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Bedding Workers on Strike for Retirement Savings Plan


In a sign of shifting priorities for a maturing immigrant work force, about 400 production workers at a Vernon bedding manufacturer have held a strike line for three weeks over their demands for a retirement savings plan.

The strikers at Hollander Home Fashions are primarily Spanish-speaking immigrants, and many have more than a decade's experience cutting sheets, stuffing comforters and sewing pillows. They earn about $7 to $12 per hour and have a fully paid individual health plan.

Though years ago workers agitated for better pay and medical benefits, today they are more concerned with the prospect of retiring with little or no savings. "We get old fast," said Wilbert Serpa, who cuts samples for Hollander Home Fashions. "We have to think about the future now." Added Ignacio Abundis, another cutter, "Who knows if Social Security will even be around when we retire?"

Jeff Hollander, a grandson of the company's founder and its current president, said the company would prefer to offer higher pay increases than a 401(k) savings plan, which he said many hourly employees would not use. "It's about giving employees a choice," he said. "My feeling is that the government provides for IRAs that employees can benefit from."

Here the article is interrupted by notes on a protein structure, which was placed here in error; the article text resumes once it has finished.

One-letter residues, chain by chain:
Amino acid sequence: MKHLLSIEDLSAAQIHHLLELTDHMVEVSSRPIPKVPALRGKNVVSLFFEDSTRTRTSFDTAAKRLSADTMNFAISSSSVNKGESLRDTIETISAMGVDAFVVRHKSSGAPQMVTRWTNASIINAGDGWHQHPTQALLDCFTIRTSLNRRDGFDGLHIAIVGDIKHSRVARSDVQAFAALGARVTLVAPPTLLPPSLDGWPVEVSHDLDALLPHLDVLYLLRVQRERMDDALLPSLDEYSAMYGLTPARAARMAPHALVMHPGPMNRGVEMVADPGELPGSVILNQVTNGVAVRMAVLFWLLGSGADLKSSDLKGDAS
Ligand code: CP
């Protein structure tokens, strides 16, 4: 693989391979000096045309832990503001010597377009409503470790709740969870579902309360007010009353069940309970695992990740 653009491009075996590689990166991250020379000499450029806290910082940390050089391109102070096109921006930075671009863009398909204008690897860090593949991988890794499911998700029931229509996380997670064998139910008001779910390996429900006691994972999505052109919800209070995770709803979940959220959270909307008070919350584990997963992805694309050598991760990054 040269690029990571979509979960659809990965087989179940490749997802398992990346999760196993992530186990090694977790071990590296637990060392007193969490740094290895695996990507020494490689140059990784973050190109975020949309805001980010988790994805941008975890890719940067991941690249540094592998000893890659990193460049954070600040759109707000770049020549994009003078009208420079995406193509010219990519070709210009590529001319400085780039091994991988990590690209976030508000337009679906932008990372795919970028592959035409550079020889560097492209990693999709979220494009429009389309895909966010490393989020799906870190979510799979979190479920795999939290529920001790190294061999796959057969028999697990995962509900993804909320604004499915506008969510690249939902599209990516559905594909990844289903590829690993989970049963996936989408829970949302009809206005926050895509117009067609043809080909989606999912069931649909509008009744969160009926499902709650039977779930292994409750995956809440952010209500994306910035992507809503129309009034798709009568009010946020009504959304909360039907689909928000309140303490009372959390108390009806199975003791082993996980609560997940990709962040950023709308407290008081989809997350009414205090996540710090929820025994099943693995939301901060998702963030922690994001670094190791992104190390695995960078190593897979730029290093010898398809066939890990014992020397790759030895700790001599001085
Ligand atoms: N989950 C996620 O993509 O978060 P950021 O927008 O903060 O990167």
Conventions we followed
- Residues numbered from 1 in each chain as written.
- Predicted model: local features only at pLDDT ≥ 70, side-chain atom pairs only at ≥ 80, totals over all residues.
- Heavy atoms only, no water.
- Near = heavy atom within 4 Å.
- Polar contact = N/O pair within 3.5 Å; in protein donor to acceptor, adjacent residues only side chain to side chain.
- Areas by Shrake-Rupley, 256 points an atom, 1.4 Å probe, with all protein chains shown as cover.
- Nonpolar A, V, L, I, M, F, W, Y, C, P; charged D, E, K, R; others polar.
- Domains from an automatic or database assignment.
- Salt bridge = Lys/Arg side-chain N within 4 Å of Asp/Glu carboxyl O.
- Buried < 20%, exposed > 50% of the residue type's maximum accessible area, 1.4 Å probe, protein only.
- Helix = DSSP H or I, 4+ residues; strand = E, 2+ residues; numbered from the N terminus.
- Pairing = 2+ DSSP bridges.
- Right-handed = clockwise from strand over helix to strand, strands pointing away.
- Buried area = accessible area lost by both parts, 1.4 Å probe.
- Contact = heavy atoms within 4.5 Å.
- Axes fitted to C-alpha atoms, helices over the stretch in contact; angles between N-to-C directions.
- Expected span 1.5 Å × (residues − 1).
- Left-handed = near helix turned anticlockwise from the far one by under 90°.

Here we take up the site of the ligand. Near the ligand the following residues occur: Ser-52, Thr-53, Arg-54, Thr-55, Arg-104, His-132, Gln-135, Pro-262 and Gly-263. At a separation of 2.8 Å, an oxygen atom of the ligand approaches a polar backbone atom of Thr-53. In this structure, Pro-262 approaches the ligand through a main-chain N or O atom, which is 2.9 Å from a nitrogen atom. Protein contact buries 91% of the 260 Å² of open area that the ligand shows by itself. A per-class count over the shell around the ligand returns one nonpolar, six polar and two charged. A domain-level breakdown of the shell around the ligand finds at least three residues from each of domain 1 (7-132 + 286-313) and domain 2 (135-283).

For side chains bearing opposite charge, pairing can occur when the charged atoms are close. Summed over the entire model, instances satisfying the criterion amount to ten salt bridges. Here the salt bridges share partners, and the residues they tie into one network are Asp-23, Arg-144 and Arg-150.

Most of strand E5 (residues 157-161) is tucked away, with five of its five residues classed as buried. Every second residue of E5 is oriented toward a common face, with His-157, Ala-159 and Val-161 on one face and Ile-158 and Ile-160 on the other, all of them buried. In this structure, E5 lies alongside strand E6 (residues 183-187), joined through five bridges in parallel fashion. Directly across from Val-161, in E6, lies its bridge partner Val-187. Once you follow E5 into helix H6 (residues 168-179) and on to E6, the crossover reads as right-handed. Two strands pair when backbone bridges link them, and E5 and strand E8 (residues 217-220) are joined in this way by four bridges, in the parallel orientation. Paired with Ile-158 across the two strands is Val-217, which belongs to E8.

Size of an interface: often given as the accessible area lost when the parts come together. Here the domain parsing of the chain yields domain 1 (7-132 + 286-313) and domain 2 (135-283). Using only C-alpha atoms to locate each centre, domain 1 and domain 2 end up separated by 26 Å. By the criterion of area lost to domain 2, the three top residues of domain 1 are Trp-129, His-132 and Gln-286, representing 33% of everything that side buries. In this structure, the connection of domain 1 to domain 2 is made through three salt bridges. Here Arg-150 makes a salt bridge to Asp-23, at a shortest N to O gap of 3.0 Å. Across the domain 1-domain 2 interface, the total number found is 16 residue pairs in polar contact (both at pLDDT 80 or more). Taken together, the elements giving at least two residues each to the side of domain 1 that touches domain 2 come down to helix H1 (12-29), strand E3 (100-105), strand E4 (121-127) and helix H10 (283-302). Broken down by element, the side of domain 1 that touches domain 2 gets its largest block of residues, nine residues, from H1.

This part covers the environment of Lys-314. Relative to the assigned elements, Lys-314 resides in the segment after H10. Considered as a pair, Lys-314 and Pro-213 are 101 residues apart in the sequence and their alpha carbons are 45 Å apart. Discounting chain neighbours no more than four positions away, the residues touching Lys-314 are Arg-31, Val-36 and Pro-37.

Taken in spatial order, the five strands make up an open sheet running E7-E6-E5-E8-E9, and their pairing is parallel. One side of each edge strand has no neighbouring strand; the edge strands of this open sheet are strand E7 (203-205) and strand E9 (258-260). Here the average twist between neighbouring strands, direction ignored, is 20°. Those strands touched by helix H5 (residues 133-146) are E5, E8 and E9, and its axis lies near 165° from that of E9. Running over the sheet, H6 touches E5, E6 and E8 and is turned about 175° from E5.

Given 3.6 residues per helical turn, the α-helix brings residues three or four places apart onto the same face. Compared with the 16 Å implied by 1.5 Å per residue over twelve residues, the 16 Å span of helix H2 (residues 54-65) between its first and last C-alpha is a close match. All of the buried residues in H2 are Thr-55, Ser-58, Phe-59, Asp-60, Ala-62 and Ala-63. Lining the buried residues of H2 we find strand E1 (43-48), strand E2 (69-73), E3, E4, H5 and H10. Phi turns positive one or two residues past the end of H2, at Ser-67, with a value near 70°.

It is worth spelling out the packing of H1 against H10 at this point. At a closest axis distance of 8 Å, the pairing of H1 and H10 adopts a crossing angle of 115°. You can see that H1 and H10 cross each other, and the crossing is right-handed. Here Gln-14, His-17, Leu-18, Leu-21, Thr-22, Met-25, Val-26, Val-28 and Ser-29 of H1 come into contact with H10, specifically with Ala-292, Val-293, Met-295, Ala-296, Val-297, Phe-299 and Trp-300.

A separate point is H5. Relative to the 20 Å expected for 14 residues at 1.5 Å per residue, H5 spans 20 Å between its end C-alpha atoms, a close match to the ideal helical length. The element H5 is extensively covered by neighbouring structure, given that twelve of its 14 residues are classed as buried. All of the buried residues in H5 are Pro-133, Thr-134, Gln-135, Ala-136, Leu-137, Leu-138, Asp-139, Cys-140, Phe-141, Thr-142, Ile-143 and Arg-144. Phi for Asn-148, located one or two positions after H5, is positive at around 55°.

Hollander took out a quarter-page ad in Sunday's Spanish-language newspaper La Opinion, saying employees have been misled by the union and noting, "Many workers throughout the country who are in 401Ks have recently lost much of their money because of the stock market."

The workers, represented by UNITE, the Union of Needle Trades, Industrial and Textile Employees, gathered in front of the Hollander Home Fashions factory at Boyle and 50th streets Tuesday morning for a rally that drew County Federation of Labor Director Miguel Contreras and mayoral candidate Antonio Villaraigosa.

"This is what the auto workers and steel workers fought for decades ago, and it's what immigrant workers in Los Angeles are going to start demanding more and more," Contreras said later. "When you're young, you fight for a good medical plan for your children. That's very important. But as the work force ages, the pension plan becomes more of an issue."

The strike has been bitter, with each side accusing the other of violence and harassment. A spokeswoman at the Boyle Street factory said 49 of the factory's 230 production workers crossed the line Tuesday, and the remaining work was performed by temporary hires.

Hollander said he had offered production workers "the largest wage proposal that Hollander has ever made," about 50 cents an hour for many workers. But union representative Christina Vazquez said much of that boost is due to a scheduled jump in the California minimum wage. Higher-wage workers will see increases of 25 cents per hour the first year.

In the latest round of negotiations, UNITE asked for the same retirement savings plan given to supervisors, mechanics and quality-control inspectors--a maximum 6% employee contribution, with the employer matching 50 cents on the dollar.

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